Black box reveals pilots of Polish president’s jet knew they were doomed and made a ‘dramatic’ flight deck speech
By Will Stewart In Moscow
Last updated at 12:40 PM on 15th April 2010
Pilots of Polish President Lech Kaczynski’s plane knew they were doomed to crash in the final seconds of their flight, analysis of the black boxes shows.
A member of the investigation team has revealed there was ‘dramatic’ speech on the flight deck moments before the Tupolev-154 hit the ground in dense fog killing all 96 passengers and crew.
Polish expert Colonel Zbigniew Rzepa declined to reveal more but the country’s attorney general Krzysztof Parulski admitted: ‘Three to five seconds before the crash the pilots were aware that it was unavoidable.’
And he made clear that, with the plane travelling at 150 to 180 meters per second, there was sufficient time for Captain Arkadiusz Protasiuk and his flight crew to realise the catastrophe that was about to hit the plane and its passengers.
He did not say if investigators believe that the passengers, including the Polish president, his first lady Maria and many members of the Warsaw political and military elite, would also have realised they were doomed to crash .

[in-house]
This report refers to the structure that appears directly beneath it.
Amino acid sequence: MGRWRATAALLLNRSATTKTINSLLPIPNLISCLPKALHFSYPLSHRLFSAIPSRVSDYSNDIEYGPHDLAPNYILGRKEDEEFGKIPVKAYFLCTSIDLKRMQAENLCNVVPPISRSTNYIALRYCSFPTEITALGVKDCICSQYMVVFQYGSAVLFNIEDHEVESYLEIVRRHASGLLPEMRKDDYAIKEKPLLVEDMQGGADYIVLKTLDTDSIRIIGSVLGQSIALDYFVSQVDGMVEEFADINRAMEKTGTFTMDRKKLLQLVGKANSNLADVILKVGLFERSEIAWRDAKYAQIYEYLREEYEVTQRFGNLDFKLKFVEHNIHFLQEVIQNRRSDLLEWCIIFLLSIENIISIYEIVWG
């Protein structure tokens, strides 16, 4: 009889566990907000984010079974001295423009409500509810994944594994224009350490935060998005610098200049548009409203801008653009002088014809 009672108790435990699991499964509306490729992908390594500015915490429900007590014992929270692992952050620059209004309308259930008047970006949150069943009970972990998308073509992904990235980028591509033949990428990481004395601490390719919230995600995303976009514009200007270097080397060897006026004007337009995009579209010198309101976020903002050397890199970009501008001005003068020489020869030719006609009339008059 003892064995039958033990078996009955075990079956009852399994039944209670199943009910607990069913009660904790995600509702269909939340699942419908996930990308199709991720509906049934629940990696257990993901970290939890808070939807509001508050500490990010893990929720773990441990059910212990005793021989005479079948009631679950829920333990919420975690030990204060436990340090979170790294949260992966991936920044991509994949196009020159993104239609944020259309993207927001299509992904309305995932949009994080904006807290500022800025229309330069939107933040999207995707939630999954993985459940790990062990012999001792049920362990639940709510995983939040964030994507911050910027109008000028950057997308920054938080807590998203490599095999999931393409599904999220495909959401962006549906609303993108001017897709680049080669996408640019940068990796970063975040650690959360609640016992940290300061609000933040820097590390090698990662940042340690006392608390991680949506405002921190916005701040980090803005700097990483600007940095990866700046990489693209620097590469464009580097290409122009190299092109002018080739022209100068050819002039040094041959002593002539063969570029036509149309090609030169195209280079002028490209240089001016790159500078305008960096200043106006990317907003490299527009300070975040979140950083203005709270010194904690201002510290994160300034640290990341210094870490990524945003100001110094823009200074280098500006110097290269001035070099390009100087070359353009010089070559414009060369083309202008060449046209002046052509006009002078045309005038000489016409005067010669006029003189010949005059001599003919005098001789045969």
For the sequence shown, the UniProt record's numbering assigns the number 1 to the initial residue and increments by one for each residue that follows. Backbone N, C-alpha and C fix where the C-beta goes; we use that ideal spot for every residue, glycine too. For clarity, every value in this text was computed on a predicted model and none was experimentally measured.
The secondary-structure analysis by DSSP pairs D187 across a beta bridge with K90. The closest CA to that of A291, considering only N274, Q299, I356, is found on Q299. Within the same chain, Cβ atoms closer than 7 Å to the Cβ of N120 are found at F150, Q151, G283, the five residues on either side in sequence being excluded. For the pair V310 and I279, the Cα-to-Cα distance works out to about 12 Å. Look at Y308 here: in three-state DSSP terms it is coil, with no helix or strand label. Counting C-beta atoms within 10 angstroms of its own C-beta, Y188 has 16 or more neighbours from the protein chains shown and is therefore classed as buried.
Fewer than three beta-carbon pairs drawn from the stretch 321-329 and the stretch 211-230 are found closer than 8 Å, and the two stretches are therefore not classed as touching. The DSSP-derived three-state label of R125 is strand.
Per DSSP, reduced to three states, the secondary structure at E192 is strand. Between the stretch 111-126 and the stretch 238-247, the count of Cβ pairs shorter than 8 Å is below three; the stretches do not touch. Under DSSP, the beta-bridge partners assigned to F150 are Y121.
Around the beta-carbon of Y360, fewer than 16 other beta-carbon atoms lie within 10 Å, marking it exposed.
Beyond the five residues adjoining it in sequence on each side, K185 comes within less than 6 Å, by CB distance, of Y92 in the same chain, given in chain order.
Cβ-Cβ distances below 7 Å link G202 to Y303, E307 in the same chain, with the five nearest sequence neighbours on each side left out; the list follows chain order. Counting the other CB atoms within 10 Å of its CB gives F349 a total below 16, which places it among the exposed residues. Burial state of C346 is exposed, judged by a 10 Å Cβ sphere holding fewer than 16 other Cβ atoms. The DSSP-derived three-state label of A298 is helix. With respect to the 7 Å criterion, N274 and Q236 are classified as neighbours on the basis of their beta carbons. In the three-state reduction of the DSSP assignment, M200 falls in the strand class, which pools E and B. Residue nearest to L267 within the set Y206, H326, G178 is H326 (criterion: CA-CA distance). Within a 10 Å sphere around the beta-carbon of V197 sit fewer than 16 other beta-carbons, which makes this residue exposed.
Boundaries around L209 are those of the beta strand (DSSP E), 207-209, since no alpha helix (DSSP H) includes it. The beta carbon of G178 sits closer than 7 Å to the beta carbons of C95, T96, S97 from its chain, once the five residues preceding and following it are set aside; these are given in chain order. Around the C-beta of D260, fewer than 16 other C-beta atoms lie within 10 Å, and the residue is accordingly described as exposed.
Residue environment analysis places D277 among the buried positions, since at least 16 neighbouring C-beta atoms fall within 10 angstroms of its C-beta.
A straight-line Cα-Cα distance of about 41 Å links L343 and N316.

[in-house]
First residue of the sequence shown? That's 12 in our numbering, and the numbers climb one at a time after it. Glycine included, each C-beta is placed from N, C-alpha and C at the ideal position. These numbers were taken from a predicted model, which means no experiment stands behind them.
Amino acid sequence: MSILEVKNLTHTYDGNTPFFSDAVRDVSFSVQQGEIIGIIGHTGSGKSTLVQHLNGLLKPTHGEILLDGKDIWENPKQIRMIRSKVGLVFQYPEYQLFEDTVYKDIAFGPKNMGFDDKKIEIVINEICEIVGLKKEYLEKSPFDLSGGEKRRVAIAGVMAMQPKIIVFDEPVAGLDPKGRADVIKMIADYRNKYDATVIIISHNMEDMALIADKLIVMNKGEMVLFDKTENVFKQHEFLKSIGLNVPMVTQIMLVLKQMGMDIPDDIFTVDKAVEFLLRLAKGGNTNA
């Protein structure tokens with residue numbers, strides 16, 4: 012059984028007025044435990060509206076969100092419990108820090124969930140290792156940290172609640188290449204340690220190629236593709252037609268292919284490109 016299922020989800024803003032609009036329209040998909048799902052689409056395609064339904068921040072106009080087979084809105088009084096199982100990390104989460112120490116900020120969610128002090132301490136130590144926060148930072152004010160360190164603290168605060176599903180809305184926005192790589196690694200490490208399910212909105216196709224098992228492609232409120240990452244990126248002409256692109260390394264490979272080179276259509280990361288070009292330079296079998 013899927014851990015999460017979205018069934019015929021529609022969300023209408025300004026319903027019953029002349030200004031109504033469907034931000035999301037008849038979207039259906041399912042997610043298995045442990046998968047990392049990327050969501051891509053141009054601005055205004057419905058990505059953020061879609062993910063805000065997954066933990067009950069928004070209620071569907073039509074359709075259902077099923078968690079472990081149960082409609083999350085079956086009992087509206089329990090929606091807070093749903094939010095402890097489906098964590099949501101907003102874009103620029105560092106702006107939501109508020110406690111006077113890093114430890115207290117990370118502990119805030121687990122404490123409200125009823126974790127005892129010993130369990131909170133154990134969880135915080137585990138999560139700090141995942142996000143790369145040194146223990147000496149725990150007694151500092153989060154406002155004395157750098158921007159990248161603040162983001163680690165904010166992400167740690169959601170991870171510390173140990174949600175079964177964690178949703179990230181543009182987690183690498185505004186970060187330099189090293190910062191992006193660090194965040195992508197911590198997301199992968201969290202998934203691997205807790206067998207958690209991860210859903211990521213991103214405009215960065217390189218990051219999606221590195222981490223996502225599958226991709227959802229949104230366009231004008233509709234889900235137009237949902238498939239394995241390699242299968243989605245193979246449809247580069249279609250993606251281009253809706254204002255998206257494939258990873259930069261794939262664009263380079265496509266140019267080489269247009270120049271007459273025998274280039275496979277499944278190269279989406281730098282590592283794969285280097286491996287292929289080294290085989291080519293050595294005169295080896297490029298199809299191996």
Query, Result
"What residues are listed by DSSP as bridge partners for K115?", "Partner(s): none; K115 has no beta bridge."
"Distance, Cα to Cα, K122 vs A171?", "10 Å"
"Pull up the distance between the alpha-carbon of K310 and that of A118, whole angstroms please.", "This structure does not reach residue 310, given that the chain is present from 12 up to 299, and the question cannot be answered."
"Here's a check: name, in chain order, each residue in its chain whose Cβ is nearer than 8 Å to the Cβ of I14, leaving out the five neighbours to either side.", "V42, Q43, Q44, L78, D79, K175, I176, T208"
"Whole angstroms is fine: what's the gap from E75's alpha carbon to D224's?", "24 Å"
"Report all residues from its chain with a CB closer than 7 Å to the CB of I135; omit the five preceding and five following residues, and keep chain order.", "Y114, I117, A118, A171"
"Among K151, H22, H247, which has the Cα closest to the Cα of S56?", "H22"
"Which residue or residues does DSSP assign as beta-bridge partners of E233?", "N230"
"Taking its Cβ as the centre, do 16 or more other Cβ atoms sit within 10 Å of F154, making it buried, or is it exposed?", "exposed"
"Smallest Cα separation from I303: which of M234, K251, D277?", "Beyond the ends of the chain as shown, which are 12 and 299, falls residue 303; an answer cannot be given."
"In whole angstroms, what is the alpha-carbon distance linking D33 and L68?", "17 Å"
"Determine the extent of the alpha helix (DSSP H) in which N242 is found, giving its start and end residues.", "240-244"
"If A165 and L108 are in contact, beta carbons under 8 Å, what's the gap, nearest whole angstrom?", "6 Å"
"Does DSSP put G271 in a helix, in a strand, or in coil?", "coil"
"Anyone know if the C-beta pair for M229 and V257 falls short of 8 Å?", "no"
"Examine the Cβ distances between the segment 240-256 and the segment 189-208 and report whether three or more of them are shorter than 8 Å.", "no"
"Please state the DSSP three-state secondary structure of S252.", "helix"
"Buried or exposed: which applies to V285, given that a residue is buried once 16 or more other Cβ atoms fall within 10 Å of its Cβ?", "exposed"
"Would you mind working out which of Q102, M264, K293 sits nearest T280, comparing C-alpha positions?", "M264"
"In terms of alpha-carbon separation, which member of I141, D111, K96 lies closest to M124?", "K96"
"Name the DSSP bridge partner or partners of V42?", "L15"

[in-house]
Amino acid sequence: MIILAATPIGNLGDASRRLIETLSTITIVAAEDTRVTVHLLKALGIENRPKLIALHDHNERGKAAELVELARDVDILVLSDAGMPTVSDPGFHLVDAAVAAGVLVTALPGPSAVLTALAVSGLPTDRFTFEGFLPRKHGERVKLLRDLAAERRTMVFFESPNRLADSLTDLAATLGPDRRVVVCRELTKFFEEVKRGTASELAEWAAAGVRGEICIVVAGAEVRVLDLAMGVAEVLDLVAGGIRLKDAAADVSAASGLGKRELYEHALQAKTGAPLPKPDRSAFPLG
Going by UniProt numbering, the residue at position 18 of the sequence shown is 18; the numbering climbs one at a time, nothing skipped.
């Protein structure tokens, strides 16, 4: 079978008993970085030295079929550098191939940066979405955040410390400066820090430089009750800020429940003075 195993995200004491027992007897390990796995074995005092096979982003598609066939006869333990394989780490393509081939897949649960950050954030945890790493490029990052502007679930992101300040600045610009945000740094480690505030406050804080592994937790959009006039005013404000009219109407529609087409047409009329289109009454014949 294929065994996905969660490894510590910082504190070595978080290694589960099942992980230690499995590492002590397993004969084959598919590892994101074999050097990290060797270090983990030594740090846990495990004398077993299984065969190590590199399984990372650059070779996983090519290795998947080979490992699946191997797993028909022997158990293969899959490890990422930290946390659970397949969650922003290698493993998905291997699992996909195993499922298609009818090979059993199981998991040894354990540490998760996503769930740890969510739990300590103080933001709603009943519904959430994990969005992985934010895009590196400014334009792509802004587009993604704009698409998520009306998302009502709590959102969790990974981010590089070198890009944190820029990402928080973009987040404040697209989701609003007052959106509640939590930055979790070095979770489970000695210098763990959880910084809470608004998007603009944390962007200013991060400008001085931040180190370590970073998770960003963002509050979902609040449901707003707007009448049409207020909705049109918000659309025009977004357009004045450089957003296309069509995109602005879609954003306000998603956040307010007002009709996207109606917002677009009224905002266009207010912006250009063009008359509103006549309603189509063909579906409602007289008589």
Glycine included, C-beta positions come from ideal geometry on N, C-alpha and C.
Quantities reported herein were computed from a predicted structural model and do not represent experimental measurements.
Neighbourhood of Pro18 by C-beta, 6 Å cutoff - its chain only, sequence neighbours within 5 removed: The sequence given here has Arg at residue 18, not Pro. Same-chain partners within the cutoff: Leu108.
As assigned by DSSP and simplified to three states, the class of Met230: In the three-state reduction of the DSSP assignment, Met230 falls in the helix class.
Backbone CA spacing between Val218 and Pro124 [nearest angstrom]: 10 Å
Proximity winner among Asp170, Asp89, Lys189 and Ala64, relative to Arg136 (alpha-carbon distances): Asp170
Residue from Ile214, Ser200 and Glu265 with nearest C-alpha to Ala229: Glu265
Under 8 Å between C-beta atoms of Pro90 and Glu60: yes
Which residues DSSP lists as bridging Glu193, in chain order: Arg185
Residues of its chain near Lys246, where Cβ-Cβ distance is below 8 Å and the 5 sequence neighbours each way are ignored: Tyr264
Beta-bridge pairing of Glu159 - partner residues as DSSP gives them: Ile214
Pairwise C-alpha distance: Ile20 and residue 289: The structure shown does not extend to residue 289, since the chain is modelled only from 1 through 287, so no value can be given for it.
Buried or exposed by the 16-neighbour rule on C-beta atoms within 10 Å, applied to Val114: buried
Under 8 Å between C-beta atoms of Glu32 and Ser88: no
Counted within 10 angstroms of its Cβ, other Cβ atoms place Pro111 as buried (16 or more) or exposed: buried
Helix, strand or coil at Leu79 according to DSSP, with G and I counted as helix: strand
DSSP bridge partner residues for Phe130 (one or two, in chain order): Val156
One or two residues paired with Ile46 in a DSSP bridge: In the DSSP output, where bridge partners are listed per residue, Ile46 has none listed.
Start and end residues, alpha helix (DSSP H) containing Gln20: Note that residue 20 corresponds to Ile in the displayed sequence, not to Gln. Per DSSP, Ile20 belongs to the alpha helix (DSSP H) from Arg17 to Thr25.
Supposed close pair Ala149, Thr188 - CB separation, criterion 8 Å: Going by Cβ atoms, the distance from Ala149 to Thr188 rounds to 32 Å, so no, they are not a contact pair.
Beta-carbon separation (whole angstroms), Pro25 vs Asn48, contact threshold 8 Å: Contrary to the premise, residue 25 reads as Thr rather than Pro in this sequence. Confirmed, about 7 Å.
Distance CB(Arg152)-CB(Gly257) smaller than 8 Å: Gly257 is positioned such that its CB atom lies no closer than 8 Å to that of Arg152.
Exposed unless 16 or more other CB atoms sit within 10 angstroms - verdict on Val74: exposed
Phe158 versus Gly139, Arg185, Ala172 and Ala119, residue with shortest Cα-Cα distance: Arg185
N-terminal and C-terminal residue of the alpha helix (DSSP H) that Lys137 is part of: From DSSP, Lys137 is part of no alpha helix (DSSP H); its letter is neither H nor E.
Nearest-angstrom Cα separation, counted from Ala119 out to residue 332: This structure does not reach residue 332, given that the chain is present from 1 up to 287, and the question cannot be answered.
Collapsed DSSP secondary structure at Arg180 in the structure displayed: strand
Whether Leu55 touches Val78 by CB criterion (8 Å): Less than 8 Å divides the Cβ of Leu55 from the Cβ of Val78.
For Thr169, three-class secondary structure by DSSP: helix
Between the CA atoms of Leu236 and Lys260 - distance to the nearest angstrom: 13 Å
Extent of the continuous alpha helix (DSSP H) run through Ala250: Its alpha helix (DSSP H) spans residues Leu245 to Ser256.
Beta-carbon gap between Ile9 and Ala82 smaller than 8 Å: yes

Another anonymous source close to the investigation claimed that a fatal pilot error in the final moments of the flight led to the disaster.
He claimed the black box analysis plus a reconstruction of the flight has shown that a final manoeuvre by the pilot plunged the plane into the trees and that he lost a vital chance to save the aircraft.
Having ignored warnings not to land due to severe fog, the black box shows he belatedly aborted his fatal attempt to land after realising the Russian-made jet was not properly aligned with the runway at a military airport near Smolensk.
He used the engines to gain altitude but in the process the plane lurched to the right, and the wing hit the tree tops.
‘At this moment the head pilot made a fatal mistake. He switched on the thrust, rocking the plane to the right. The reason for this is unknown but he aimed to go higher and to turn simultaneously. As a result, his plane clipped the tops of the trees and he lost control. If he had only switched on the engine thrust to go straight up, he would have had all chances to avoid hitting the ground.’